'To be funny or not to be funny': ASU study finds disparities in responses to humor

A survey in the School of Life Sciences found that students appreciate humor, but with some caveats

A study conducted by researchers from the School of Life Sciences has found that humor may increase students’ sense of engagement and inclusion in college-level science courses. 

Spearheaded by a group of undergraduate students in an upper-level biology research class, the study aims to fill a gap that currently exists in the scientific literature on humor in college courses

While previous research has studied the efficacy of humor in humanities and other non-scientific courses, no research has been done on the use of humor in science classes. 

Katelyn Cooper, a postdoctoral scholar and lead author on the paper, said the class wanted to know what the impact of humor is in the classroom, given the reputation science often has for being boring and difficult.

Published in the Public Library of Science's journal PLOS ONE on Aug. 15, the study surveyed a total of 1,637 students across 25 college science courses, asking them how they respond to their instructors' use of humor, both in general and with specific categories of jokes. 

The class in which the study was conducted was highly student-driven, with the undergraduates constructing the design for the survey and taking lead every step of the way. 

"They were there from question development, then together as a class, we designed the survey that we used to answer our research questions," Cooper said.

Taija Hendrix, an ASU alumna who was a student researcher in the class at the time, explained that the class was an opportunity to study in an environment free from a preassigned research topic. 

“Compared to a traditional laboratory course, you get to actually sense what research is like,” Hendrix said.

Responses to jokes were measured along three axes — the students' attention towards the material, relatability with the professor and their sense of belonging in the classroom. On average, a funny joke will have a positive effect on a student’s experience in all three standards. 

While an overwhelming majority of students surveyed reported positive responses to humor in the classroom, overall results were negative when it came to offensive humor, and a joke that students found both unfunny and unoffensive had a neutral effect.

However, a joke that a student finds unfunny and offensive will usually have negative effects along all three criteria of their experience, decreasing the students’ overall educational quality in the classroom.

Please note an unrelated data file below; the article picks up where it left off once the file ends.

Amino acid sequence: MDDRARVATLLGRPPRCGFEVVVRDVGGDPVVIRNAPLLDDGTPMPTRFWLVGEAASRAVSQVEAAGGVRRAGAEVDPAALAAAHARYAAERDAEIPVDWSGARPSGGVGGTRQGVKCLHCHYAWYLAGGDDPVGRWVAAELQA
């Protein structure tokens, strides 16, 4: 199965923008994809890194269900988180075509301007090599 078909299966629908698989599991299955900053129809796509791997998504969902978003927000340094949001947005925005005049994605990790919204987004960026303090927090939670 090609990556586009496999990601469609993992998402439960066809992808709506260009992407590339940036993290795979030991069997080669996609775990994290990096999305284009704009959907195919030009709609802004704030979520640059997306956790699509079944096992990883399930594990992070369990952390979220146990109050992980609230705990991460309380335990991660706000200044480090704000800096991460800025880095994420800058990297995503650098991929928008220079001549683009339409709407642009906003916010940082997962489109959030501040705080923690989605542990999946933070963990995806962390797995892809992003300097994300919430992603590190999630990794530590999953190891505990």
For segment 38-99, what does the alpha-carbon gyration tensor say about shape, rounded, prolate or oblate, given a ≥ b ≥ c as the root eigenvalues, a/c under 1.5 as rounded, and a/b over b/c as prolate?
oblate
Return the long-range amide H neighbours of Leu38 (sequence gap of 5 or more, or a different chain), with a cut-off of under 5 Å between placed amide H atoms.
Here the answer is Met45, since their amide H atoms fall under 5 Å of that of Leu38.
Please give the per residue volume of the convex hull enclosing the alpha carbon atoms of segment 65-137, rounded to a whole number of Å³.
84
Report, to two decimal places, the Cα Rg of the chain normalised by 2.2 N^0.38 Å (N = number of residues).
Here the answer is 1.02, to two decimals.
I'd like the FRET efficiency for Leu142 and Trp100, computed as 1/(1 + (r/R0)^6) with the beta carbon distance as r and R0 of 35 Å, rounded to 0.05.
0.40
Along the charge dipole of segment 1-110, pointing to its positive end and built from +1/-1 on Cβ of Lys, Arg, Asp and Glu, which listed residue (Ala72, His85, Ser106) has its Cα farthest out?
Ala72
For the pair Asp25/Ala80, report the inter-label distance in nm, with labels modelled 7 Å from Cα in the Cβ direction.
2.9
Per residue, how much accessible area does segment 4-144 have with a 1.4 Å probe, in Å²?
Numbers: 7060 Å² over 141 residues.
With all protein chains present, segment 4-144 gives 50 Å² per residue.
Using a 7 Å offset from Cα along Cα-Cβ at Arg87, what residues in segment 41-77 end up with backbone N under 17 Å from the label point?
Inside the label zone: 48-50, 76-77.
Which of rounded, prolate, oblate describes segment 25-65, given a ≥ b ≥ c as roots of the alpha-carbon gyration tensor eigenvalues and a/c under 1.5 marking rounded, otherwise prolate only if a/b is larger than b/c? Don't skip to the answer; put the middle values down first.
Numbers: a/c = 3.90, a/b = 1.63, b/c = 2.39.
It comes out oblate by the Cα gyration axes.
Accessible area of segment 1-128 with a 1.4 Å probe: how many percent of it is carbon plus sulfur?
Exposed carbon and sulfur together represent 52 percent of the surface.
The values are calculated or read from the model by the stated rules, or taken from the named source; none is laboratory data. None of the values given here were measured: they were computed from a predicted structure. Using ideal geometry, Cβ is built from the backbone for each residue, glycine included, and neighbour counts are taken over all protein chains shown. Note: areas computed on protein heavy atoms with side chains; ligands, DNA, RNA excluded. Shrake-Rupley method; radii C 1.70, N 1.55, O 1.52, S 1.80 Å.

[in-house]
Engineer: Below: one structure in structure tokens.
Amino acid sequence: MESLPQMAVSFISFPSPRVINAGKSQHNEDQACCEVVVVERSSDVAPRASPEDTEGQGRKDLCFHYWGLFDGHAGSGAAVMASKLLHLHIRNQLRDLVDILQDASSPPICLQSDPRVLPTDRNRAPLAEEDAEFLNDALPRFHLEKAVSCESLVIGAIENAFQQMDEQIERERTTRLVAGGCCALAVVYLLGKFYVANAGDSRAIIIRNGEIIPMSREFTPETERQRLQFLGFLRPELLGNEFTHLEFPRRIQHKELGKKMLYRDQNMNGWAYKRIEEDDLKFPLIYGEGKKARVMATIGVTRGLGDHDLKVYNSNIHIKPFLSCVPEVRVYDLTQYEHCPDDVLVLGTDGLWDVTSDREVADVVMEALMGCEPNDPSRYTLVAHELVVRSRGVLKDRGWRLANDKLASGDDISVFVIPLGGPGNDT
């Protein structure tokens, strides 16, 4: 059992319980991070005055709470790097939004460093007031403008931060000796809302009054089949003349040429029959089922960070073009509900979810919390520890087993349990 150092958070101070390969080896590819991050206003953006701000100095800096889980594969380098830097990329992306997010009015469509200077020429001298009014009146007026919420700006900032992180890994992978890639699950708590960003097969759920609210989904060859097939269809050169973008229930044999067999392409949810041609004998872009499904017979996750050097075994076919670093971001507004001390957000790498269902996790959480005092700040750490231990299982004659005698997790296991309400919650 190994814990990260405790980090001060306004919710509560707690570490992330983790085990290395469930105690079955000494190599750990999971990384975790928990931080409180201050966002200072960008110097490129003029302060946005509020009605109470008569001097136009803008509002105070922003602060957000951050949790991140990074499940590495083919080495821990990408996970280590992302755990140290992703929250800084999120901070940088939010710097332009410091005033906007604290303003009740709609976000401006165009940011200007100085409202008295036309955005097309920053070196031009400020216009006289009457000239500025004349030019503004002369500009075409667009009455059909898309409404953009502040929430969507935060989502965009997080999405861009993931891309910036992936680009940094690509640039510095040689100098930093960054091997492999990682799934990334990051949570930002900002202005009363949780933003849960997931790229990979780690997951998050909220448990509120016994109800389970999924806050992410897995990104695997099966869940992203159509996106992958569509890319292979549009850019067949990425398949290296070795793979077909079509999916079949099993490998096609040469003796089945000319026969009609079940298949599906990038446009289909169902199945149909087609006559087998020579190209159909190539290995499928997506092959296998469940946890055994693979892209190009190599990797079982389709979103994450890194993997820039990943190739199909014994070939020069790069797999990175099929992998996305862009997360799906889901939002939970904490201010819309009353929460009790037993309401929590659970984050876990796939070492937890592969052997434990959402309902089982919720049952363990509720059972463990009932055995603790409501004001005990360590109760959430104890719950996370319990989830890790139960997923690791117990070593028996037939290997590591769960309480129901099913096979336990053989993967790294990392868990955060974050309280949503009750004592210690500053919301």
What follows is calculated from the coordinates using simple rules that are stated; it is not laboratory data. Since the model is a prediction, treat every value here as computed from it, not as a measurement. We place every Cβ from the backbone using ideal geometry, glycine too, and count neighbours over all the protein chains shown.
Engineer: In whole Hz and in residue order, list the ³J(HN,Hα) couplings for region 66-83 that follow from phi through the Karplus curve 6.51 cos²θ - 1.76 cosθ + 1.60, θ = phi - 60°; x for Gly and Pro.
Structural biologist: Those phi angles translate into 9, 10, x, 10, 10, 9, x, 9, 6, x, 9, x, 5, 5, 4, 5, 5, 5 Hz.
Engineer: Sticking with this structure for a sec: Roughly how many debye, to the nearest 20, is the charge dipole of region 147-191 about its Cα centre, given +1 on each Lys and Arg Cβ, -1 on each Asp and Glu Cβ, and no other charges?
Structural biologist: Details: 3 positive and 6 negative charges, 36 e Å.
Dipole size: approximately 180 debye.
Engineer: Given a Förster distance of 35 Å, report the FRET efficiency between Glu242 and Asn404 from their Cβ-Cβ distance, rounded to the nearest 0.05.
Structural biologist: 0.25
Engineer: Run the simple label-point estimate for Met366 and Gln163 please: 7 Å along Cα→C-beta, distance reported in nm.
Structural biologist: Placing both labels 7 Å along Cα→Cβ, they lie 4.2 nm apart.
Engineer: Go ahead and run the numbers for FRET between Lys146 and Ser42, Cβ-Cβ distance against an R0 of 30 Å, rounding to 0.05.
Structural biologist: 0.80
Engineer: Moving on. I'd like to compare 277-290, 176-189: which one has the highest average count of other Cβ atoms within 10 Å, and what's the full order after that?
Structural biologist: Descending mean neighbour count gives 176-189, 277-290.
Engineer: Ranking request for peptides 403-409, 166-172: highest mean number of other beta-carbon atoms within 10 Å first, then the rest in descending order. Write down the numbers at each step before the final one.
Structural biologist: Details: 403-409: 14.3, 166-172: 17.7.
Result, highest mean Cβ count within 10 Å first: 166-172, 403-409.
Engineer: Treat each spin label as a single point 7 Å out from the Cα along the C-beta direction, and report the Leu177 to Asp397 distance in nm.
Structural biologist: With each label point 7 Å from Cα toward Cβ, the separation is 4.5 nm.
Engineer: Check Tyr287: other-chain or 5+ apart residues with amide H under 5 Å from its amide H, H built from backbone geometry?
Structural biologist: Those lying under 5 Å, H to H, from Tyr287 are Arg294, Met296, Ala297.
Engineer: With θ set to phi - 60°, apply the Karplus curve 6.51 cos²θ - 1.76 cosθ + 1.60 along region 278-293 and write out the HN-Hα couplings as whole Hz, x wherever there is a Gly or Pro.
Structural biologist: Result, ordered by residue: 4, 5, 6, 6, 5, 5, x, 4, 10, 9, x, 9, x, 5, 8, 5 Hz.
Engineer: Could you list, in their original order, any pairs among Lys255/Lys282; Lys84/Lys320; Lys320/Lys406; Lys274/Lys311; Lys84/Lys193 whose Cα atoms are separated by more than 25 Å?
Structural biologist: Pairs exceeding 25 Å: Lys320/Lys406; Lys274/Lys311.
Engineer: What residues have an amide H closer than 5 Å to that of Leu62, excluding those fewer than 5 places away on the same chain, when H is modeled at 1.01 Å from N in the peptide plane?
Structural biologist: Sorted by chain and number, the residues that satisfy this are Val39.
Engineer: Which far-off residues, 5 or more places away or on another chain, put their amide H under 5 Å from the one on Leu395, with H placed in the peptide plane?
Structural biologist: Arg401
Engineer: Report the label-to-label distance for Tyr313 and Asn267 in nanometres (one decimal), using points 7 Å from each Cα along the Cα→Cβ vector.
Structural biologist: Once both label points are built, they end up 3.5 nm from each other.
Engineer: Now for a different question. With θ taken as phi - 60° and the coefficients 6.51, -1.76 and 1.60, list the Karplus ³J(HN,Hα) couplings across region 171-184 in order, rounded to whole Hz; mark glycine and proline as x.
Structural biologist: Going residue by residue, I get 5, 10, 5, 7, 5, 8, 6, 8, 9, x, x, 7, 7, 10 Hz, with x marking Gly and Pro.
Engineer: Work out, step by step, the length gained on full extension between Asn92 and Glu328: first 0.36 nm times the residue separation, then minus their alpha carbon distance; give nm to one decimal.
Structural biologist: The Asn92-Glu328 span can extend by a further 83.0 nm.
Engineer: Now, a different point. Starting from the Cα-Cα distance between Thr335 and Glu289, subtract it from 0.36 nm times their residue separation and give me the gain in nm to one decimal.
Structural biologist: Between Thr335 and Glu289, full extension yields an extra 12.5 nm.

The researchers then differentiated among what humorous content students disproportionately found funny or offensive. 

According to the study, the topics of college, science and television were most universally regarded as funny and unoffensive, while subjects closely relating to individual social or political identities, including race, gender or religion, were most widely considered unfunny and offensive. 

However, the subjects that students find offensive are not distributed uniformly across all demographics.

“As far as the topics, we saw a gender difference — women are more offended by more topics, and men think that more topics are funny,” Sara Brownell, the associate professor who led the class and was the senior author on the paper, said.

However, she said that once a joke is already considered either offensive or funny based on its topic, “it seems to affect men and women equally.” 

As this study makes clear, certain types of humor may have negative consequences, even beyond the potential for repercussions outside the classroom – they can also have alienating effects on the students themselves, decreasing the quality of their experience in the classroom. 

But humor can also make the difference between the tedium so often associated with science classes and a genuine excitement and connection between students and the professor. 

For science professors seeking to vivify their classrooms and encourage their students, Hendrix said the answer is just to be funny. 

“Students are people too, and they want to see that their professors are people and they have personalities, so humor is one way to do it," Hendrix said.


Reach the reporter at Ryan.Ferdowsian@asu.edu or follow @FerdowsianRyan on Twitter.

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